- Good food and good wine. If you are hosting your event at a restaurant, make sure to visit the space in advance and discuss the food and beverage choices early on. A representative from the venue can work with you to create a fixed menu and to pair wines with your meal. Fixed menus are a great way to control your costs. If you are hosting a party in your home, you can either cater or cook meals yourself, although I have found that catering tends to be on the pricier side if you are trying to save money by hosting in your home. Make sure to try any new recipes in advance to ensure they will turn out as desired. A signature cocktail as people arrive is another way to personalize your event and kick off a great party. Have some fun with this, you can make a drink just about any colour these days and give it a fun name to suit your company.
- Music. Music. Music. My biggest piece of advice: don’t have an event without music. I attended a party recently that was teetering on becoming boring as the venue’s generic music droned on….that is until someone took control and started playing some fun-loving, all ages ,foot tapping tunes and got everyone onto the dance floor having an amazing time. Music has the power to transform an event and make everyone leave feeling elated with great memories. If you have the budget for live music then go for it, but if not, a great playlist on an ipod is totally fine.
- The finishing touches. These are all the little touches that make an event special and memorable. My top must haves: flowers, candles, nice invitations, printed menus, place cards & decorations, and small takeaway gifts (try Chapters, Etsy or a custom gift with your company logo). None of these needs to cost a lot of money however they have huge impact. If you’re on a tight budget, forego flowers and printed items, but definitely pick up some tea lights for the table or make sure the restaurant has them (Ikea is a great place to pick up inexpensive candles). A small sprig of holly tied with some ribbon at everyone’s place is simple and inexpensive. There’s bound to be a holly bush around your neighborhood somewhere! I’ve posted a few ideas for inspiration on our corporate holiday party Pinterest board found here.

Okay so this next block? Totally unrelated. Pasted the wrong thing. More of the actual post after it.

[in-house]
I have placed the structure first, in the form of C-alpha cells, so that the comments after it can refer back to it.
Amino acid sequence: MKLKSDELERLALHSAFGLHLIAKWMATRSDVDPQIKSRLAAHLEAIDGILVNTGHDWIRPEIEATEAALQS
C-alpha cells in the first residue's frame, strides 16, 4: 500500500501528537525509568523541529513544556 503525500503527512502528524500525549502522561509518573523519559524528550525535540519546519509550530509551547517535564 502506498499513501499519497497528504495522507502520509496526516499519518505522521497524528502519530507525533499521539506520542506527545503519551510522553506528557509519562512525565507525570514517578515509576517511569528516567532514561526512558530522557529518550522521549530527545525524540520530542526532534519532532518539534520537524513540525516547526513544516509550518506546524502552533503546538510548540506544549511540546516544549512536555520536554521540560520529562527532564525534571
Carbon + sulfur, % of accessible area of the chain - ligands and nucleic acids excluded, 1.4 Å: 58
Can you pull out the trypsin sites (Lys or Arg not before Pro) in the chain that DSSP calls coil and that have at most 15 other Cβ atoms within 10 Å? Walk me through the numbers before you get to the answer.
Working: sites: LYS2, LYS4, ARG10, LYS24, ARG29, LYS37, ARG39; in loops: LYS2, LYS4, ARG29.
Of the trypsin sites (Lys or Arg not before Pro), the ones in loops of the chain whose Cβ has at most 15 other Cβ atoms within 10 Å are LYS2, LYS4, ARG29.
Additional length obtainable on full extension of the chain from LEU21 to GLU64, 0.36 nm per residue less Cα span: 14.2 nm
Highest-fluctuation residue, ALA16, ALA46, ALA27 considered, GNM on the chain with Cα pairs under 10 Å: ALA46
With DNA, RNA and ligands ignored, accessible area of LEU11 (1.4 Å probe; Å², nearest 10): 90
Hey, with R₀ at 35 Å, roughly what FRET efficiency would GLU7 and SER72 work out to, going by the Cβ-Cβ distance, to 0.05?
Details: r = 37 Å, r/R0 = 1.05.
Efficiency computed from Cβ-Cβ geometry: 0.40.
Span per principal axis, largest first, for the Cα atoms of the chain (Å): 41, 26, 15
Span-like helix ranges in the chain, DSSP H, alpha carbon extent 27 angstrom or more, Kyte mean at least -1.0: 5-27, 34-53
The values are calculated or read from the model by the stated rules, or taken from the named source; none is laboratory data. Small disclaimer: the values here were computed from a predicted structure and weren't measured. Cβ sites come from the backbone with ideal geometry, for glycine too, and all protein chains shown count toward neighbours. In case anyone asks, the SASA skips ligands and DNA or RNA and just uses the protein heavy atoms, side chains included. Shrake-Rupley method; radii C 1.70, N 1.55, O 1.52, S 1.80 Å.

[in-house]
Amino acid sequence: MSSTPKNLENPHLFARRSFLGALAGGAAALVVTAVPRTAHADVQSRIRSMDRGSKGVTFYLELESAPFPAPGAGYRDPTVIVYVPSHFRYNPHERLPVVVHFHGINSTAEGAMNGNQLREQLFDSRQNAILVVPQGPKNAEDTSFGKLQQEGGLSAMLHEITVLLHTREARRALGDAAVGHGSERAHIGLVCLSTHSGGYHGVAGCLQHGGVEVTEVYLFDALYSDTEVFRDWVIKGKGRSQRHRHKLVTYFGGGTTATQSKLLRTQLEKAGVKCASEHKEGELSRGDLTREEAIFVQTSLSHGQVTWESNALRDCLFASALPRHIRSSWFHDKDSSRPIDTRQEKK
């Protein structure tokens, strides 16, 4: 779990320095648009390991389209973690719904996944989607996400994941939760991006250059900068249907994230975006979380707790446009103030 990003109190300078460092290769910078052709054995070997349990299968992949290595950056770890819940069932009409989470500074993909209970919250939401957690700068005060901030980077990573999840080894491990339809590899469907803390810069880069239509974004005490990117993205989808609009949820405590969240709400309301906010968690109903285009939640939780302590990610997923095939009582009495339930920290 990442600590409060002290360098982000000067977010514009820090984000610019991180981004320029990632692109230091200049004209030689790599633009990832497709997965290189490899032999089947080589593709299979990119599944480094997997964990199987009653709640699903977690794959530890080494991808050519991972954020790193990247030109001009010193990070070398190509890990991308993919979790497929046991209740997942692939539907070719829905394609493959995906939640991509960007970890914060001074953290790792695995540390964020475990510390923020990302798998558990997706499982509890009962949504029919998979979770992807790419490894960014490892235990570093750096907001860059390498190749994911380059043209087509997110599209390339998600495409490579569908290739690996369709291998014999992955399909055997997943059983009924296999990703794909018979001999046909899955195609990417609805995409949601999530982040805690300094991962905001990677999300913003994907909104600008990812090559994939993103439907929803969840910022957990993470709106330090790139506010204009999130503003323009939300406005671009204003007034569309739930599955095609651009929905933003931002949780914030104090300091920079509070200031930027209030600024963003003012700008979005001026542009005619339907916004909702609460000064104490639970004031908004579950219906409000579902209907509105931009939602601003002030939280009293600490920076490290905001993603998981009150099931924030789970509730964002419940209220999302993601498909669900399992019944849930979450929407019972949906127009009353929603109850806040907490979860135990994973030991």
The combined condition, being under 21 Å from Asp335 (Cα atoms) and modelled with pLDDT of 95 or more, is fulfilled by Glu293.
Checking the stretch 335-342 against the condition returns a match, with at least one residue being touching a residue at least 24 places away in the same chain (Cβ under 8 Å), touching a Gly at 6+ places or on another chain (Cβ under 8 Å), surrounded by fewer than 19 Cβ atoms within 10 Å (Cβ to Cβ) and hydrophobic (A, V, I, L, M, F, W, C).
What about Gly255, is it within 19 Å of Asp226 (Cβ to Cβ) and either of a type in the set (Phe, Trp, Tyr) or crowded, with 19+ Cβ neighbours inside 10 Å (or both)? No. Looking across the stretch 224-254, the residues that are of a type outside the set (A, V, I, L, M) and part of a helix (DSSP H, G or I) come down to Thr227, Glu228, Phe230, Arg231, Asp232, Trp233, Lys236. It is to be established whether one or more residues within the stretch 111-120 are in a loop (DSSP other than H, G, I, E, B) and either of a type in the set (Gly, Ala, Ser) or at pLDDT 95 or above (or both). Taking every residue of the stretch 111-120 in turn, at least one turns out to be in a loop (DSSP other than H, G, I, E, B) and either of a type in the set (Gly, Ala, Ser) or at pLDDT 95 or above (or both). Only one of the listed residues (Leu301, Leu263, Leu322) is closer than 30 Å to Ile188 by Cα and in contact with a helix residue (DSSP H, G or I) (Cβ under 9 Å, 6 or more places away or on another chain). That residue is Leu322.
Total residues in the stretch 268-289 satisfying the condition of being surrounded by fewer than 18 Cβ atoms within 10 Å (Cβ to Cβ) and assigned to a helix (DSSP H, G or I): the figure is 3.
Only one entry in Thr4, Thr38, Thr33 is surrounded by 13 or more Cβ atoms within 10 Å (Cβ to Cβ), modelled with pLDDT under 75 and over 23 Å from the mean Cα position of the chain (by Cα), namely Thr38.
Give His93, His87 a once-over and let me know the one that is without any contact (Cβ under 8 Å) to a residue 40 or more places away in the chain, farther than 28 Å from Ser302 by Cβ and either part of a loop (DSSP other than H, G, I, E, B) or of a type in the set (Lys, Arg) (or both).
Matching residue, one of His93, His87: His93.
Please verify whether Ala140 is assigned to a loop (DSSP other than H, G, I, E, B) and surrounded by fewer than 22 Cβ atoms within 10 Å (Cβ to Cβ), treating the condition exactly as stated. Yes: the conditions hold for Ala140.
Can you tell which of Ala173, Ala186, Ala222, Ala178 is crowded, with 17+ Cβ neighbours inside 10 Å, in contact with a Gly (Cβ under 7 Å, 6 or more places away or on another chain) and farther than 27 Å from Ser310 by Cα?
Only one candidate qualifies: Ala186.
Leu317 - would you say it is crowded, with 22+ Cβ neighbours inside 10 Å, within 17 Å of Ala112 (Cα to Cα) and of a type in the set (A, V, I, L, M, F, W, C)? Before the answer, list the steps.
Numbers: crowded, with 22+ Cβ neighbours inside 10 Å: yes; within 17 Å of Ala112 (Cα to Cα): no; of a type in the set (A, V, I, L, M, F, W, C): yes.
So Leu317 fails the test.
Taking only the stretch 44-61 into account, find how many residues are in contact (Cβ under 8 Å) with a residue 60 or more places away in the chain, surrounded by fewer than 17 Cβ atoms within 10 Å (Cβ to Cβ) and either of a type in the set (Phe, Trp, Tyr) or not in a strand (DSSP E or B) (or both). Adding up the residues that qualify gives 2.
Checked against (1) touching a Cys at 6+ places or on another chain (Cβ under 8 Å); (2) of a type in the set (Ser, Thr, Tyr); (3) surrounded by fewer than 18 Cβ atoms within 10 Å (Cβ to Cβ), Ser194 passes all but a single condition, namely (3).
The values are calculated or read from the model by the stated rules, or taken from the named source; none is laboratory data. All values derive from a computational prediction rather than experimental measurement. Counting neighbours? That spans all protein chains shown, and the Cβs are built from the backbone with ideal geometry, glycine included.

- Say Thank you. Take a moment during your event to praise your team for a job well done and perhaps share some of the company’s goals and visions for the upcoming year. Your team wants to hear from you so don’t miss out on this chance to appreciate and inspire them.
At the end of the day, it doesn’t matter how much money you spend, whether you have a huge elaborate party, or a small get-together in your home. What’s most important is that your staff feels appreciated and that they have an opportunity to let their hair down and enjoy themselves in a non-work setting.
Good luck with your upcoming holiday party planning. Feel free to give us a call if you need a little advice, have a specific question about your upcoming event, or if you would like to plan something special for your staff this year but just don’t have the time or resources to dedicate to this task. Of course we’d be happy to help!
Crystal and I, in our quest to make the most of each day and lead a healthy lifestyle, have decided to swim laps together once a week, sharing one lane and chatting about our business. We are hoping that these weekly “lap chats” will allow us to catch up, exercise, and think creatively, all while being weightless for 45 minutes.
Today was our first time trying our new “swim + meet” format, and, after recovering from the shock of getting up way too early, we believe it was a smashing success. I’m sure we looked a bit funny, two ladies swimming back and forth, talking and laughing, but nobody else in the pool got more done or had a better time.
Stay tuned for more lap chat updates!
In celebration of Small Business Month, Benchmark Law Corporation is hosting a FREE Small Business Advice-a-Thon! Sign up for 20 minute sessions with lawyers, accountants, financial experts, business coaches, web designers, and more. You can have as many sessions as you want!
– Speakers and door prizes
– The first 100 attendees will receive a resource package containing useful business documents, coupons and products
Event Date: October 17, 2014 10:00am – 4:00pm
Event Price: Free!
Location: Creekside Community Centre
For more information or to register visit: Small Business Advice-a-Thon